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FAMILY 82.—NOTOPTERIDÆ. (1 Genus, 5 Species.) " Fresh-water fishes, without barbels, head and body scaly, long tapering tail, and short posterior dorsal fin.”

DISTRIBUTION.—Rivers of India, Siam, the Sunda Islands, and West Africa.

FAMILY 83.-HALOSAURIDÆ. (1 Genus, 1 Species.)

"Marine fishes, with cycloid scales, a short median dorsal fin, and no barbels.”

DISTRIBUTION.-Deep waters of the Atlantic, Madeira.

FAMILY 84.—GYMNOTIDÆ. (5 Genera, 20 Species.) " Fresh-water fishes, with elongate bodies, pointed tail, and no dorsal fin."

DISTRIBUTION.—Tropical America from Trinidad to the River Parana.

The genera are distributed as follows:

Sternarchus (8 sp.), Guiana and Brazil; Rhamphichthys (6 sp.), Guiana and Brazil ; Sternophygus (4 sp.), Tropical America; Carapus (1 sp.), Trinidad to Brazil ; Gymnotus, (1 sp. -the Electric eel), Tropical South America.

FAMILY 85.—SYMBRANCHIDÆ. (4 Genera, 6 Species.)

"Marine and fresh-water fishes, having elongate bodies without fins, and very minute scales or none."

DISTRIBUTION.–Fresh waters and coasts of Western Australia and Tasmania.

The genera are :

Amphipnous (1 sp.), Bengal; Monopterus (1 sp.), Siam to Northern China and Sunda Islands ; Symbranchus (3 sp.), Tropical

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America, and India to Australia; Chilobranchus (1 sp.), Australia and Tasmania.

FAMILY 86.-MURÆNIDÆ. (26 Genera, 230 Species.)

“ Marine or fresh-water fishes, with cylindrical or band-like bodies and no ventral fins.”

DISTRIBUTION.—The seas and fresh waters of temperate and tropical regions. This family is divided by Dr. Günther into two sub-families and nine sections. The genus Anguilla, comprising our common Eel and a number of species from all parts of the world, is the only one which is found in fresh water, though even here most of the species are marine. Anguilla and Conger are the only British genera.

FAMILY 87.—PEGASIDÆ. (1 Genus, 4 Species.) "Small marine fishes, covered with bony plates, and short opposite dorsal and anal fins.”

DISTRIBUTION.—Indian Ocean and seas of China and Australia.

Order V.-LOPHOBRANCHII.

“Fish with a segmented bony covering, long snout, and small toothless mouth.”

FAMILY 88.-SOLENOSTOMIDÆ. (1 Genus, 3 Species.) . “Marine Lophobranchii, with wide gill openings and two dorsal fins."

DISTRIBUTION.-Indian Ocean, from Zanzibar to China and the Moluccas.

FAMILY 89.—SYNGNATHIDÆ. (15 Genera, 112 Species.)

“Marine Lophobranchii, with very small gill opening and one soft dorsal fin."

DISTRIBUTION.—All the tropical and temperate seas. Some species of Syngnathus, Doryichthys, and Colonotus enter fresh water, and a few live in it exclusively. Siphonostoma, Syngnathus, Nerophis, and Hippocampus are British genera. The Hippocampina (5 genera, 25 sp.), or Sea-horses, are peculiar to the Indian and Pacific Oceans, except three or four species of Hippocampus in the Atlantic and Mediterranean.

Order VI.-PLECTOGNATHI.

“Fishes covered with rough scales or shields, having a narrow mouth, and soft posterior dorsal fin.”

Family 90.—SCLERODERMI. (7 Genera, 95 Species.) “Marine Plectognathi, with toothed jaws."

DISTRIBUTION.— Temperate and Tropical seas, but much inore abundant in the Tropics.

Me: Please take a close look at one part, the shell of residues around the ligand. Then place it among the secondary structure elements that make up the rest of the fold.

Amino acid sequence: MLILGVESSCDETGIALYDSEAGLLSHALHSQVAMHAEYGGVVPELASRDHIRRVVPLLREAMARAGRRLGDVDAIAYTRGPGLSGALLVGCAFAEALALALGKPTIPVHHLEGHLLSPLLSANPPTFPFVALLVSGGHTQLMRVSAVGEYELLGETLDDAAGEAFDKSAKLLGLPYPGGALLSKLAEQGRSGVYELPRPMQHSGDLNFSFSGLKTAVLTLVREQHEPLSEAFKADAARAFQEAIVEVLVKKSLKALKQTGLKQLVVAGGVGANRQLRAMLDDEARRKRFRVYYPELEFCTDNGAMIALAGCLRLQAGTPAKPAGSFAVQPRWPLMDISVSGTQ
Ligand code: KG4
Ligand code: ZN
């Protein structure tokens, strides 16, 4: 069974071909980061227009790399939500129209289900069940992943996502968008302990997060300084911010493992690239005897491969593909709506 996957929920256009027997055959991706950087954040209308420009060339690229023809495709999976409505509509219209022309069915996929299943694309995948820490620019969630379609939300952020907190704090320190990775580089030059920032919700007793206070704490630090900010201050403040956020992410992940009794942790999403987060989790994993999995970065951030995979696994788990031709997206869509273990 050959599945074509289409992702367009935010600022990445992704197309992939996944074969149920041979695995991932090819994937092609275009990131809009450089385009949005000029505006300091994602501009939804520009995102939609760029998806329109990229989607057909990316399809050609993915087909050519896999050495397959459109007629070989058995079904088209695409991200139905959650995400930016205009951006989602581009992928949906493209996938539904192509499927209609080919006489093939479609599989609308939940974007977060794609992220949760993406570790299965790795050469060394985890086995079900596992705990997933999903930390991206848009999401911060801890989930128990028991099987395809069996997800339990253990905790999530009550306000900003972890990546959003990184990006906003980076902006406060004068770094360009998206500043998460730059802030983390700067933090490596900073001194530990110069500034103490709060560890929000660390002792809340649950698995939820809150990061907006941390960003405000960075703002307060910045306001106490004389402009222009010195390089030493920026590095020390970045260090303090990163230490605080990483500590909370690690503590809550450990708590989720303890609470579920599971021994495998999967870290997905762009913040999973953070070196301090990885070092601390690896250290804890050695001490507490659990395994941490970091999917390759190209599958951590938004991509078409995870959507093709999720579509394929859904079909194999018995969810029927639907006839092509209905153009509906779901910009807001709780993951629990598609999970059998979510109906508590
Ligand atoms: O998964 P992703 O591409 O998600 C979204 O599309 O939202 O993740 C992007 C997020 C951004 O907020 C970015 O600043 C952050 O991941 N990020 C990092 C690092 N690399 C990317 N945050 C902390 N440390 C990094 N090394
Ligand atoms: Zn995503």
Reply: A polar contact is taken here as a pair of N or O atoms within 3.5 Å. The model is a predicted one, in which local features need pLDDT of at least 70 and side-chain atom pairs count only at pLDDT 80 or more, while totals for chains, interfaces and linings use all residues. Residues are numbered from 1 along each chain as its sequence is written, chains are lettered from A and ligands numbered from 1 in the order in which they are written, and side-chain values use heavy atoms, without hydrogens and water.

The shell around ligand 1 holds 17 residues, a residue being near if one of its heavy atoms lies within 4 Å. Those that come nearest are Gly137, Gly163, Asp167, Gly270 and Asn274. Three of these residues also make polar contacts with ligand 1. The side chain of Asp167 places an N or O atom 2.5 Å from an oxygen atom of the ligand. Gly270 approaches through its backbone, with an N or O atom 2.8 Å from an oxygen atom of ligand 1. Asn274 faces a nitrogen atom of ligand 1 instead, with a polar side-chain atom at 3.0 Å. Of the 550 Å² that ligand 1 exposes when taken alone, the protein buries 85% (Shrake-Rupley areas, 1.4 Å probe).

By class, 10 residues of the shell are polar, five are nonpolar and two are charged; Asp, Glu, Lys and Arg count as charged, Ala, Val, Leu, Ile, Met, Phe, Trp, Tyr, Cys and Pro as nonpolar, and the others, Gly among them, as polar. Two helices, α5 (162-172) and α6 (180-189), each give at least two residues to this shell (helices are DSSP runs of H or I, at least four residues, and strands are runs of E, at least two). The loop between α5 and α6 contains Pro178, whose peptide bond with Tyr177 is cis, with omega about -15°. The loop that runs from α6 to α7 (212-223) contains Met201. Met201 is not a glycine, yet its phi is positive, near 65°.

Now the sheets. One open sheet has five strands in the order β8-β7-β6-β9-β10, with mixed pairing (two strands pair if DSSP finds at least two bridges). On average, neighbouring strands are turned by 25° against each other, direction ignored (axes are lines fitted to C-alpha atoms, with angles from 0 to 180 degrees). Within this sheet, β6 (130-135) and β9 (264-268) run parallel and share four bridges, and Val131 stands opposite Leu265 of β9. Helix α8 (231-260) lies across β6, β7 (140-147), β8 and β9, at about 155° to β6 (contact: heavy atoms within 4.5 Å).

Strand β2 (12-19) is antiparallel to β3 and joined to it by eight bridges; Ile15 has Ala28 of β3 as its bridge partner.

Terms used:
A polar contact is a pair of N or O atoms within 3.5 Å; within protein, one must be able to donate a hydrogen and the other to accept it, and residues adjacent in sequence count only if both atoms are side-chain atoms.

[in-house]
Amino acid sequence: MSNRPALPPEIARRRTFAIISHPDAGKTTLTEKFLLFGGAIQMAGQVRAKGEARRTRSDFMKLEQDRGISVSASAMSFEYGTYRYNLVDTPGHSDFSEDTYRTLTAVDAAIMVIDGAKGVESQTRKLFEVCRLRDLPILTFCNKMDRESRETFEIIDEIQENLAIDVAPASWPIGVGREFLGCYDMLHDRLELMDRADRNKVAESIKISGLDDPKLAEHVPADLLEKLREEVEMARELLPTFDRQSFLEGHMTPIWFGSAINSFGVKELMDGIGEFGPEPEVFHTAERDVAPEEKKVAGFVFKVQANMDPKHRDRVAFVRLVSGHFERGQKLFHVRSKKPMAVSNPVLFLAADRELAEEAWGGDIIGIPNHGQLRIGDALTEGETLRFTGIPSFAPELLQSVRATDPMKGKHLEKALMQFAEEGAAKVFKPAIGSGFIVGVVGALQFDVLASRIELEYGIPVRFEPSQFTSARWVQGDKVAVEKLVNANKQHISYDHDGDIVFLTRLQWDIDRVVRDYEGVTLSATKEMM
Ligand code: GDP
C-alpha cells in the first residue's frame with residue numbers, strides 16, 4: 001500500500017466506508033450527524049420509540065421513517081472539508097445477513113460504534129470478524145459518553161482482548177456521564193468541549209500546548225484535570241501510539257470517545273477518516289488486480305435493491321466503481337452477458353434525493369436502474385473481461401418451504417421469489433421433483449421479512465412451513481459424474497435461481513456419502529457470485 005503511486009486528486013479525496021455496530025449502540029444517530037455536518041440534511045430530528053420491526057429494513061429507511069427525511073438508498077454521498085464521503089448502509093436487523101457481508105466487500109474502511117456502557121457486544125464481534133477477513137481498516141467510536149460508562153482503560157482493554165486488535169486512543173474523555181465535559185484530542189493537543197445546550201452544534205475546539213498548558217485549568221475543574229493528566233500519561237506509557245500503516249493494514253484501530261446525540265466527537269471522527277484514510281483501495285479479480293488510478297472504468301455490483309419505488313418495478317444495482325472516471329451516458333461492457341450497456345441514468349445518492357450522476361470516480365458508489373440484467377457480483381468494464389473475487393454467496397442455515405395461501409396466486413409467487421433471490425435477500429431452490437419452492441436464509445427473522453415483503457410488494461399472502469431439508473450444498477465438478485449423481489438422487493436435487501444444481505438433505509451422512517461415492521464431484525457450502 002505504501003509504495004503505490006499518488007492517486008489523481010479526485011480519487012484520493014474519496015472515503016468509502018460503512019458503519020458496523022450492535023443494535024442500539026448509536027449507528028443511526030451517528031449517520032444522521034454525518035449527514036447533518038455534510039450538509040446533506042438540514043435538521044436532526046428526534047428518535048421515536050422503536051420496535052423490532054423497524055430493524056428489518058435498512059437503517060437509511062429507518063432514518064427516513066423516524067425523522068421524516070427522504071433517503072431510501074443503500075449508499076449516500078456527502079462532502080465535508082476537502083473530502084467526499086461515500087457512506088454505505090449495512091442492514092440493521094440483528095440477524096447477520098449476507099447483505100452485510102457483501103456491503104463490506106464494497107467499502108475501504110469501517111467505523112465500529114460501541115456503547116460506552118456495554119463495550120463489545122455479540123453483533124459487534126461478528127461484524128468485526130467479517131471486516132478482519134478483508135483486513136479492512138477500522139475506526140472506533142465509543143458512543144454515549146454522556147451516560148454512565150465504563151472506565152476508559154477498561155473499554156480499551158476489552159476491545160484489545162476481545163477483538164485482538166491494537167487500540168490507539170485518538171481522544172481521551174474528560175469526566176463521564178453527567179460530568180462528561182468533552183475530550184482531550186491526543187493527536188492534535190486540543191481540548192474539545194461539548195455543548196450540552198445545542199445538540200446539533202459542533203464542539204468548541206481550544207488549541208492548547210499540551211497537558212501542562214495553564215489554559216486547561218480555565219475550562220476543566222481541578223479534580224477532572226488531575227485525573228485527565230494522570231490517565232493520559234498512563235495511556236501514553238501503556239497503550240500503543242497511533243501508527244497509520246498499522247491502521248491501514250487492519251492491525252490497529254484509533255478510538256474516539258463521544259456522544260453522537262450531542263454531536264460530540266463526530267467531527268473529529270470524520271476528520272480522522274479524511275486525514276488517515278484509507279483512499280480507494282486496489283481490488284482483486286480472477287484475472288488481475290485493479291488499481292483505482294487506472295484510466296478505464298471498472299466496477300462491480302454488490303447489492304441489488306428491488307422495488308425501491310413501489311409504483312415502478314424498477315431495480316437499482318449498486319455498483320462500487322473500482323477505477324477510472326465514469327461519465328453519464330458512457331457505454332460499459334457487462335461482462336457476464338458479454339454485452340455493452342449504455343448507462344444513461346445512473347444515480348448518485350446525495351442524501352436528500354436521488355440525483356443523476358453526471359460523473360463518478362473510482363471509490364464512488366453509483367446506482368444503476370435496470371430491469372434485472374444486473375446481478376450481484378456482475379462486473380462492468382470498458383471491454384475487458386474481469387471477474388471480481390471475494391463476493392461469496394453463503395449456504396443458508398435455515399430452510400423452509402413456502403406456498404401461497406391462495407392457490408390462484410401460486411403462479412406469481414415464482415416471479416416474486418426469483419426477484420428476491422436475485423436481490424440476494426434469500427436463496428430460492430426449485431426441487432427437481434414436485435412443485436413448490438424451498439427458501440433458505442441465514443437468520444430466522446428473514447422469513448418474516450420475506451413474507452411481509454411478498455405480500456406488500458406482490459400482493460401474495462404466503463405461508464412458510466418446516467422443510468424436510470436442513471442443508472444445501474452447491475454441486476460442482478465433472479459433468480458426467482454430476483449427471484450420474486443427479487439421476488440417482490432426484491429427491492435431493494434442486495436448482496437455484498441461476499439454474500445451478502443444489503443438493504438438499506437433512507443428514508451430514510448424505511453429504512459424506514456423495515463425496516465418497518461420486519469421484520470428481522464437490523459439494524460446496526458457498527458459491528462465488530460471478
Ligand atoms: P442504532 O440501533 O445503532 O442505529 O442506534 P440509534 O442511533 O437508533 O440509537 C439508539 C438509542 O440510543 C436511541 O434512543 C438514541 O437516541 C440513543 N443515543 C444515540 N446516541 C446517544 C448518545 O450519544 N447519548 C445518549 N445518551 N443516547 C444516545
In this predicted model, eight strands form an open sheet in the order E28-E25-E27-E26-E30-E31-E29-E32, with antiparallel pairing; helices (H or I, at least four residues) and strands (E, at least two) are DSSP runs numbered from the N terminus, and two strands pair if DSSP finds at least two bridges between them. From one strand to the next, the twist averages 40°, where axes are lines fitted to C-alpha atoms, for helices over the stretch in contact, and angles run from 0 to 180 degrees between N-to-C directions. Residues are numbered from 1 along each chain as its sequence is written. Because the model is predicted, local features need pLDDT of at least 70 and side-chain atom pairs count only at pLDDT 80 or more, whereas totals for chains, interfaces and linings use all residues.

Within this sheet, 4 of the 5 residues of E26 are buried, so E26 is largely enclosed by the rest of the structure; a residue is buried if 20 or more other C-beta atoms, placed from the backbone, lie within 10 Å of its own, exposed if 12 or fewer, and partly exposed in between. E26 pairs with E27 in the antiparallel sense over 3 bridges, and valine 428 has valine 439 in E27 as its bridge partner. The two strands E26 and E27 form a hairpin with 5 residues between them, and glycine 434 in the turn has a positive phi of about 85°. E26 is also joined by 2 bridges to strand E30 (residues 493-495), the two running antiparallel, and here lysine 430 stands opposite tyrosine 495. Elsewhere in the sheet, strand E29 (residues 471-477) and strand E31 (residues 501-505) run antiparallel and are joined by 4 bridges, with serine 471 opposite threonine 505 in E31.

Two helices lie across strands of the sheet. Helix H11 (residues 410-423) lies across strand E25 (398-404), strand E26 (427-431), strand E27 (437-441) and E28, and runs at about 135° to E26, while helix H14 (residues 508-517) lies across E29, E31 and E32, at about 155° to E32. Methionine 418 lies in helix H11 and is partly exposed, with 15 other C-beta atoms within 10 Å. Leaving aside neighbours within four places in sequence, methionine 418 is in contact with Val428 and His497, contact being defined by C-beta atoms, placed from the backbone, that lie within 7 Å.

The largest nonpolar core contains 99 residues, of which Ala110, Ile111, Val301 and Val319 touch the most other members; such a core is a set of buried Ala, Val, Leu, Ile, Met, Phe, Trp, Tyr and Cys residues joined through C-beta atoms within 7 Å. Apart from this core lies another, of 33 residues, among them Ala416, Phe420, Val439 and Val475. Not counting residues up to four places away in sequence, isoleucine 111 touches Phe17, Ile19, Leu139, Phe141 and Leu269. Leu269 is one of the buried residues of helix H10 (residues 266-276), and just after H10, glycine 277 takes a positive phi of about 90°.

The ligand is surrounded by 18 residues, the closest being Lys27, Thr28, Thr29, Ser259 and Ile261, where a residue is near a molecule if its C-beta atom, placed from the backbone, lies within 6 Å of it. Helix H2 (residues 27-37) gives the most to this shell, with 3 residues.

FAMILY 91.—GYMNODONTES. (10 Genera, 82 Species.)

“Marine or fresh-water Plectognathi, with jaws modified into a beak.”

DISTRIBUTION.—Temperate and tropical regions.

Some species of Tetrodon are found in the rivers of Tropical America, Africa, and Asia. Species of Tetrodon and Orthagoriscus have been found on the British coasts.

SUB-CLASS II. --DIPNOI.

FAMILY 92.—SIRENOIDEI. (3 Genera, 3 Species.) “Eel-shaped fresh-water fishes, covered with cycloid scales; the vertical fins forming a continuous border to the compressed tapering tail.”

DISTRIBUTION.-Rivers of Tropical Africa, South America, and Australia.

The genera are :-Protopterus (1 sp.), Tropical Africa ; Lepidosiren (1 sp.), Amazon Valley; Ceratodus (1 sp.), Queensland.

SUB-CLASS III.—GANOIDEI.

CLAS

Order 1.-HOLOSTEI. “Body covered with scales."

FAMILY 93.—AMIIDÆ. (1 Genus, 1 Species.) “A fresh-water fish, with cycloid scales and a long soft dorsal

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DISTRIBUTION.- United States.

FAMILY 94.–POLYPTERIDÆ. (2 Genera, 2 Species.) “Fresh-water fishes, with ganoid scales and dorsal spines.” DISTRIBUTION.–Central and Western Africa. The genera are :

Polypterus (1 sp.), the Nile and rivers of West Africa; Calamoichthys (1 sp.), Old Calabar.

FAMILY 95.—LEPIDOSTEIDÆ. (1 Genus, 3 Species.) " Fresh-water fishes, with ganoid scales, and dorsal and anal fins composed of articulated rays."

DISTRIBUTION.-The genus Lepidosteus, the Garfishes or Bony Pikes, inhabits North America to Mexico and Cuba.

Order II.-CHONDROSTEI.

“Sub-cartilaginous scaleless fishes with heterocercal tail, the skin with osseous bucklers or naked.”

FAMILY 96.-ACCIPENSERIDÆ. (2 Genera, 20 Species.)

"Marine or fresh-water fishes with osseous bucklers and inferior mouth."

DISTRIBUTION.- Temperate and Arctic regions of the northern hemisphere. Accipenser (19 sp.), comprising the Sturgeons, has the distribution of the family ; most of the species are marine, but some are confined to the Caspian and Black Seas and the great American lakes with the rivers flowing into them, while the Danube, Mississippi, and Columbia River have peculiar species. The other genus, Scaphirhynchus (1 sp.), is confined to the Mississippi and its tributaries.

FAMILY 97.–POLYDONTIDÆ. (1 Genus, 2 Species.) * Fresh-water fishes, with wide lateral mouth and naked skin." .

DISTRIBUTION.— The Mississippi and Yang-tse-kiang rivers.

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